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The Venice Commission is a joke

A recent package of constitutional reforms was trumpeted as the solution to all of Malta’s rule of law woes.

Agreed to by both the deceitful government and the lax opposition, these reforms were supposed to introduce a new era of good governance and meritocratic appointments and move us away from the swamp of corruption friendly mire in which we had been bogged down.

Above all, the much-dreaded Venice Commission was supposedly finally appeased.

Of course, it was also an open secret that the doubling-down on efforts to, in the very least, get a semblance of a working democracy in motion was also influenced by the need to cushion the MONEYVAL report results.

As often is the case with this administration, we soon discovered the reform was one big lie.

To begin with, the Venice Commission had not been provided with the opportunity to vet its content. Worse still, the net effect of these reforms would not really provide such a huge shift from the current situation.

It was already suspicious enough that the opposition voted for a final package it had neither seen nor scrutinized — but that’s par for the course as things stand.

The fact remains that in the minds of the spin masters of our nation, the Venice Commission is a joke. It has become a catchword to throw at the numbed populace when trying to market some fundamental shift away from what is now universally acknowledged as the most corrupt system of governance of all time, as presided over by disgraced ex prime minister Joseph Muscat.

In fact, while much lip service is paid to the need to reform by an apparently contrite government, it stops at that. The actions that should be speaking louder than words tell us a different story.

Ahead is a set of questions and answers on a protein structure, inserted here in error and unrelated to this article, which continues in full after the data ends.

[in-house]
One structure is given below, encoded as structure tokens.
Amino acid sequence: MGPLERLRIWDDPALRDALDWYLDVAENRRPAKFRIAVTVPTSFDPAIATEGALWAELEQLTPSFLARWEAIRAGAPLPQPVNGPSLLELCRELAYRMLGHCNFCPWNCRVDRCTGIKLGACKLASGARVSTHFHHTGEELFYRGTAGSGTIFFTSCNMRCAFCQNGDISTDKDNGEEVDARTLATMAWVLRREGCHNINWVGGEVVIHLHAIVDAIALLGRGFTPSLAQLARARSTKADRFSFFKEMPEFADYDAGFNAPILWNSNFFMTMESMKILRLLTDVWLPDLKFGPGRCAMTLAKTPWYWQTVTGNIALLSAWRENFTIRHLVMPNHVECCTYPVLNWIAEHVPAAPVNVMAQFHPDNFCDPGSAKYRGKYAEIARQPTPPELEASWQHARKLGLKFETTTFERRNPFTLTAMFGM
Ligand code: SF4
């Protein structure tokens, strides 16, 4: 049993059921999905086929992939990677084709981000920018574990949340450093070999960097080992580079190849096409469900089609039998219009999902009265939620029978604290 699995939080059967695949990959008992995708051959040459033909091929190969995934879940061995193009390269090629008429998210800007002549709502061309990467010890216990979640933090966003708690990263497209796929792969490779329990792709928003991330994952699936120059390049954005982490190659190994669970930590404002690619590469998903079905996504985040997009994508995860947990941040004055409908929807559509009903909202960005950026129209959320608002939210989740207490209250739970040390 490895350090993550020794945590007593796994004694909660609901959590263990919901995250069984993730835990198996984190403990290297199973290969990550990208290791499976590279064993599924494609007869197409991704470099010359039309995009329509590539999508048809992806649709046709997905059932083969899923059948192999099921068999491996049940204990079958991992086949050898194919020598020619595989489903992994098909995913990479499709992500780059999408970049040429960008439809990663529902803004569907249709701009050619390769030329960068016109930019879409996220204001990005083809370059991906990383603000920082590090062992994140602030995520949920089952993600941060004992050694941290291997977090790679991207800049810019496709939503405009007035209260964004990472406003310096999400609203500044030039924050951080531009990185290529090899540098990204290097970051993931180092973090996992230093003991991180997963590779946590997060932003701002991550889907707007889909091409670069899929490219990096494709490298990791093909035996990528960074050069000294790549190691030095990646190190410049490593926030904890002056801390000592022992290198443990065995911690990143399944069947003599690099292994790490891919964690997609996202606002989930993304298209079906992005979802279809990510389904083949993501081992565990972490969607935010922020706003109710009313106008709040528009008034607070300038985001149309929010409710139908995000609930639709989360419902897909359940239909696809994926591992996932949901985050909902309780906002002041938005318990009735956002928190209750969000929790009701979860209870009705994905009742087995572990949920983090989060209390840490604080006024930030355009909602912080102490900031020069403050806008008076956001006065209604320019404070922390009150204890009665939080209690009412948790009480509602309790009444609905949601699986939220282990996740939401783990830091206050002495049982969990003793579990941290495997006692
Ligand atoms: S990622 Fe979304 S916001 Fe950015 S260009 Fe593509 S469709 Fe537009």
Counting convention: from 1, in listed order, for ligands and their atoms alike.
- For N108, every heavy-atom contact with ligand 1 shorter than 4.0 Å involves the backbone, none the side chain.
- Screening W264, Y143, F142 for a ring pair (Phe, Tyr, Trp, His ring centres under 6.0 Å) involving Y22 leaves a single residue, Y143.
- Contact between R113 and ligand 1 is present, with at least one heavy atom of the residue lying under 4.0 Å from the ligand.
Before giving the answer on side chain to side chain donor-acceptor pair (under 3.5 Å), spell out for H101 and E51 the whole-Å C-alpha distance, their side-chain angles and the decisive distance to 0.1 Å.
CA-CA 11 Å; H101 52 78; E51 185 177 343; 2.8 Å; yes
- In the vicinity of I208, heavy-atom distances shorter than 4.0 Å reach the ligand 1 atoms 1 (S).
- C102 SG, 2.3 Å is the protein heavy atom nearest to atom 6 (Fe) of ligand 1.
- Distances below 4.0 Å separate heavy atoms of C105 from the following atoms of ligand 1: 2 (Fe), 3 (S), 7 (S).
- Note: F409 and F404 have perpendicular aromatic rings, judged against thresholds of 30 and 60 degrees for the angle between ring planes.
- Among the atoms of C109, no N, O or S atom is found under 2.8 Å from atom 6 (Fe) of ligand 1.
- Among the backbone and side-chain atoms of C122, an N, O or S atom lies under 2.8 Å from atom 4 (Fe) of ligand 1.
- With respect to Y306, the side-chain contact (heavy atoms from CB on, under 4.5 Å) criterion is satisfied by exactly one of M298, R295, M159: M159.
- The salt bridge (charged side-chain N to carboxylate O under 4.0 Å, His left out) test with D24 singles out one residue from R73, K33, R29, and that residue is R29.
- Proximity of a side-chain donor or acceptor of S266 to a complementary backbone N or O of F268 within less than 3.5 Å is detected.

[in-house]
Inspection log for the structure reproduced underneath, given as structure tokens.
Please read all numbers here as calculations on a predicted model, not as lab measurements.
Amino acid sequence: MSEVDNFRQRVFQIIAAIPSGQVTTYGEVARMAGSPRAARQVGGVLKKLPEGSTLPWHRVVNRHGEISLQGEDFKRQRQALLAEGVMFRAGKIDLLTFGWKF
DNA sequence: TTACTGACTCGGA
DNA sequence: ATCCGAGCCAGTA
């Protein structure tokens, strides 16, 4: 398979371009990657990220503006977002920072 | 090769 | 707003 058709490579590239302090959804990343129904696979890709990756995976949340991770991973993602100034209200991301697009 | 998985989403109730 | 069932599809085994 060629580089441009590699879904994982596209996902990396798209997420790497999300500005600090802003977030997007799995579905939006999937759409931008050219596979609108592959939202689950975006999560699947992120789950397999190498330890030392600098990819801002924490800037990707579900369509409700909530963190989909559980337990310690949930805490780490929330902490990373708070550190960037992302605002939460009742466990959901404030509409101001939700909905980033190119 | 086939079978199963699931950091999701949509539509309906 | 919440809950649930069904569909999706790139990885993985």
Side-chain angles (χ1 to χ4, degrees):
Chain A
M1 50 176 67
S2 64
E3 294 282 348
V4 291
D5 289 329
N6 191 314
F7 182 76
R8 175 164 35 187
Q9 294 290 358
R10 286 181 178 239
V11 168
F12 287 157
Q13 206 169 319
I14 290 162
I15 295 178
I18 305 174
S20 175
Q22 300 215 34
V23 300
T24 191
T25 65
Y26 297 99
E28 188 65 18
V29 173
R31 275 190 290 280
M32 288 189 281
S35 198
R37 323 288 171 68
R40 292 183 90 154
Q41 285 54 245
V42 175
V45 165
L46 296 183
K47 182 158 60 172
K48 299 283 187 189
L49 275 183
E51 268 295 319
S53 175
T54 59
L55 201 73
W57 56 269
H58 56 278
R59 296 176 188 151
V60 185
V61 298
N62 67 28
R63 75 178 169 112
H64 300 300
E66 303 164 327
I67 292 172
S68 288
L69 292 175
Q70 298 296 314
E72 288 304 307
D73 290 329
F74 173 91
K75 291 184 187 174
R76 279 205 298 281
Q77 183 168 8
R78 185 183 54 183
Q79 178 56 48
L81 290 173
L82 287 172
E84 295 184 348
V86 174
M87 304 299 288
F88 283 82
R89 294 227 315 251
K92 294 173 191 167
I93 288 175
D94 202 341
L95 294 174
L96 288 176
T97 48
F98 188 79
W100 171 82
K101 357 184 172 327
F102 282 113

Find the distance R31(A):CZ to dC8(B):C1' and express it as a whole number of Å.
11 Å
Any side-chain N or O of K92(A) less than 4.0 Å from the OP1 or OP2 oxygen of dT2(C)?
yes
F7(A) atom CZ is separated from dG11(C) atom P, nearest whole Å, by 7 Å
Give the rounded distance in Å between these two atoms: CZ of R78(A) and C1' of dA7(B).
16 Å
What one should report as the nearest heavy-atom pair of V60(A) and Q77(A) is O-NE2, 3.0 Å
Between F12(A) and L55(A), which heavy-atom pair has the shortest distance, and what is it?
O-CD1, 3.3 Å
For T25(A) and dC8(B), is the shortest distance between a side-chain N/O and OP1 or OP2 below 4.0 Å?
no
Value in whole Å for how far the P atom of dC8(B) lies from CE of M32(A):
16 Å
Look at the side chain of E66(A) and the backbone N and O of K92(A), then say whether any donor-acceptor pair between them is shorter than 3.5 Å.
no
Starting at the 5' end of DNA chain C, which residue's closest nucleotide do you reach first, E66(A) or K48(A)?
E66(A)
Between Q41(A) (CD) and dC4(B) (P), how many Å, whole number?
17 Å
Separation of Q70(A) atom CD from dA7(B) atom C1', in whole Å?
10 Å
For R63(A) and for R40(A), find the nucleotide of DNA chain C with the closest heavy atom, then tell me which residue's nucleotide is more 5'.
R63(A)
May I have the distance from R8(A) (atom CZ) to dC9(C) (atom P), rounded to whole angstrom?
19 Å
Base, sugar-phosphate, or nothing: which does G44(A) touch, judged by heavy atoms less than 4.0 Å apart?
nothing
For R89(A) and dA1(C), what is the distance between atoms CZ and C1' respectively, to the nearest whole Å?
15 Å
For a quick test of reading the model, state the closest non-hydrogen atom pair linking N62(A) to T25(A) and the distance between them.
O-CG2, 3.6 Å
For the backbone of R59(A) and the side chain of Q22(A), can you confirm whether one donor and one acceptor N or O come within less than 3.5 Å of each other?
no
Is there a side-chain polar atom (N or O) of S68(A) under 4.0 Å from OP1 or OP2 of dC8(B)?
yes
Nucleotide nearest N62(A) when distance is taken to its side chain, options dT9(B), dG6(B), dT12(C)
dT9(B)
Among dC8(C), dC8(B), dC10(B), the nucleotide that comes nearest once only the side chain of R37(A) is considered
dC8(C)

Every day the mechanisms (sorry Julia) upon which the state should function throw up another little tantrum that spits in the face of democratic accountability.

Take the obscene assault on the free press. Now, I’m not to be counted among one of the admirers of the Maltese caste of journalism, having found them wanting in their duty as a fourth estate more than a few times.

Yet the decisions by the Authority of all that is Broadcasting concerning what can only be described as the Government COVID propaganda sessions are flabbergasting (or sbalordenti, if you were so inclined). Using the kind of mental acrobatics that would make Putin and Lukashenko blush, the BA gave its blessing to an independent press lockout.

Meanwhile, the new PBS schedule has been orphaned of the programme that has most contributed to the dumbing down of political discourse thanks, in part, to its habit of plugging the idea that all opinions are equal.

It’s pointless dwelling on whether time was up for Peppi’s dinosaur. Instead, we should be focusing on the inexplicable culling of what was, notwithstanding all its blemishes, Malta’s discussion chamber of sorts. The tightening of the propaganda screw on anything that could be remotely critical of the regime is worrying.

It would already be worrying if this were an isolated problem. Bundled as it is with the rest of the issues that contribute to our democratic deficit, we can confirm that to the politicians of our nation, the so-called democratic reforms remain an exercise in cosmetic faff.

As a flamingo is shot dead by trigger happy Neanderthals, we still have politicians like Alex Saliba extolling the virtues of this wise government that believes it has found a loophole to exploit in the Birds Directive.

By claiming trapping can be restarted for research reasons, Saliba’s government is convinced that it can safeguard Malta’s ‘noble’ tradition. Of course, every cage-under-the-armpit carrying energumen will be enrolled in this ‘scientific research’ in the hope that the Maltese government can once again pull another one on the EU Commission.

Joining the EU and forming part of an international community was supposed to bring benefits to our nation. Extra scrutiny and exposure to continental ways should have helped shift us out of the very particular philosophy championed by our snake oil merchant politicians.

What we have instead is a political class that tries to be street smart the Maltese way, exploiting weaknesses and loopholes to bypass any rules.

That’s why, in the eyes of our class of sheep herders, the Venice Commission is a joke. Sadly, nobody’s laughing.

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